National list MP Nicola Willis said she wanted to know who was accountable for the problems, when around 30 bus services are cancelled each day. “What accountability measures have you had on your management for failing to deliver on [previously agreed] targets [of 95 percent reliability]? ‘Cause let me be very clear it has had a significant impact not only on Wellingtonians everyday, but on the reputation of the bus service and the reliability of it,” Ms Willis said.

The regional council’s acting chair Barbara Donaldson said “that’s part of their performance but what we expect them to do is to be working very hard, reporting to us and we’re monitoring that all the time”.

“We’re working with all our partners, so that includes the bus operators, to help them overcome issues in driver recruitment… and we’re working with Wellington City Council on bus priority measures, so we’re all accountable but we certainly are just working as hard as we can,” she said.

While the focus was on fixing the problems rather than attributing blame, “staff are in no doubt that this is part of their performance,” Ms Donaldson said.

If everyone was accountable, that meant nobody was actually accountable, said Ms Willis.

Mr Campbell told Ms Willis he rejected that the region was still in the situation that she described.

“You’ve told a story several times today already about the state of the bus network. I’m afraid you can create a story, I don’t have that luxury as chief executive. I have to work within the facts, and I’ve presented the facts today,” Mr Campbell said. “I do accept dismay at particular circumstances customers experience, and if you really focus it, it comes down to driver shortages and congestion.”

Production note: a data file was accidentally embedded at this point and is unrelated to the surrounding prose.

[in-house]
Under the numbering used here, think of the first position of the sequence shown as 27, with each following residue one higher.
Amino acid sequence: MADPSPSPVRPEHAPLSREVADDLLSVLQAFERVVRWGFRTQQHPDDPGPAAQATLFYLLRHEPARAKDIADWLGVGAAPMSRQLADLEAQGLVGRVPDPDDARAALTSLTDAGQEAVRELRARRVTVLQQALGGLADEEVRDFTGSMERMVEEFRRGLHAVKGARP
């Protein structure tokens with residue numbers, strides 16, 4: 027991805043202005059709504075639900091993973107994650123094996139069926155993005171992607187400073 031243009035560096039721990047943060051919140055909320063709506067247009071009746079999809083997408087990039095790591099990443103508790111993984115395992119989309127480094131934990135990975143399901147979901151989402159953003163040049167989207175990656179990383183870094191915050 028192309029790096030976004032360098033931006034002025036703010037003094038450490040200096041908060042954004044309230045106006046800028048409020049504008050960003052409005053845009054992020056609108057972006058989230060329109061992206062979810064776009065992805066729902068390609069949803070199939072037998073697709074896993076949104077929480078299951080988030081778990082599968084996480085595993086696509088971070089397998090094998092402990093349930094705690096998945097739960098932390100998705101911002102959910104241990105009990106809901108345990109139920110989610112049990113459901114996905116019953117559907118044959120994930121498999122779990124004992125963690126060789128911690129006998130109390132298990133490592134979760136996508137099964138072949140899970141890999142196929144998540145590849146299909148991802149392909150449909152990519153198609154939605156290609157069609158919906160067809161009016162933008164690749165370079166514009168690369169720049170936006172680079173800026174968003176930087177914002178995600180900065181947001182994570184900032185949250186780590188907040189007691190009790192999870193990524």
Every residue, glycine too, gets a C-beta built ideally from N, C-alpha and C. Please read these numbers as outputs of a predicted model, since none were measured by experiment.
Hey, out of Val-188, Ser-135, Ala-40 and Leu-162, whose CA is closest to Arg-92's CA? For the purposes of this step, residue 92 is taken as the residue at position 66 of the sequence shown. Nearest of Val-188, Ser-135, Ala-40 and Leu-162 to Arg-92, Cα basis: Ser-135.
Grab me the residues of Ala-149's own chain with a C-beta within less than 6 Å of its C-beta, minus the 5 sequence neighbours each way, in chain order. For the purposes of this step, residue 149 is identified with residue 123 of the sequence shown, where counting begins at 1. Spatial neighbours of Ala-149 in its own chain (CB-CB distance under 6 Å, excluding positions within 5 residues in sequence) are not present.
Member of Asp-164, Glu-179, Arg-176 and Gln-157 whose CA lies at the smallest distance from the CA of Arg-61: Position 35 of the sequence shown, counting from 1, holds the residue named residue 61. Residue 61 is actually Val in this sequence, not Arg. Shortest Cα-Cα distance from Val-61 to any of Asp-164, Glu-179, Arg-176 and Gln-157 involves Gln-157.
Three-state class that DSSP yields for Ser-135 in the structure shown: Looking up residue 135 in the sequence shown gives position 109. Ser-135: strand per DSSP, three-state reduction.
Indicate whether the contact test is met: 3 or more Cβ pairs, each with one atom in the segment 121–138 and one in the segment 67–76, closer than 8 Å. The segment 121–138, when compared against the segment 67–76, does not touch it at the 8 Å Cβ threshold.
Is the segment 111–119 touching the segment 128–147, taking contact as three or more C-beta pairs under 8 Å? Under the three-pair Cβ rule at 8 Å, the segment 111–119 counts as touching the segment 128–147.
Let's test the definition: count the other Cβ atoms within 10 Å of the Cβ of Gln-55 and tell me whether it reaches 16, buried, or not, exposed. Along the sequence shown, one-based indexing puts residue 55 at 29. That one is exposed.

Transport Minister Phil Twyford has rejected the Opposition’s call for a Crown Observer to help solve Wellington’s bus woes. “At this stage, I have no intention to put in an observer. This thing is fixable and GWRC need to do their job,” Mr Twyford said.

15 comments:

  1. Conor, 27. June 2019, 11:59

    There has been a long period of under-investment in buses in Wellington, and some prerequisites for a good network redesign were not done.

     
  2. Benny, 27. June 2019, 13:10

    After PTOM, after NZ Bus, after Wellington City Council, after the drivers, we now bring you … congestion!!! And yes, that’s the new excuse GWRC is using to explain why the new network isn’t working as they’ve designed it…. as it should. Oh October won’t come soon enough!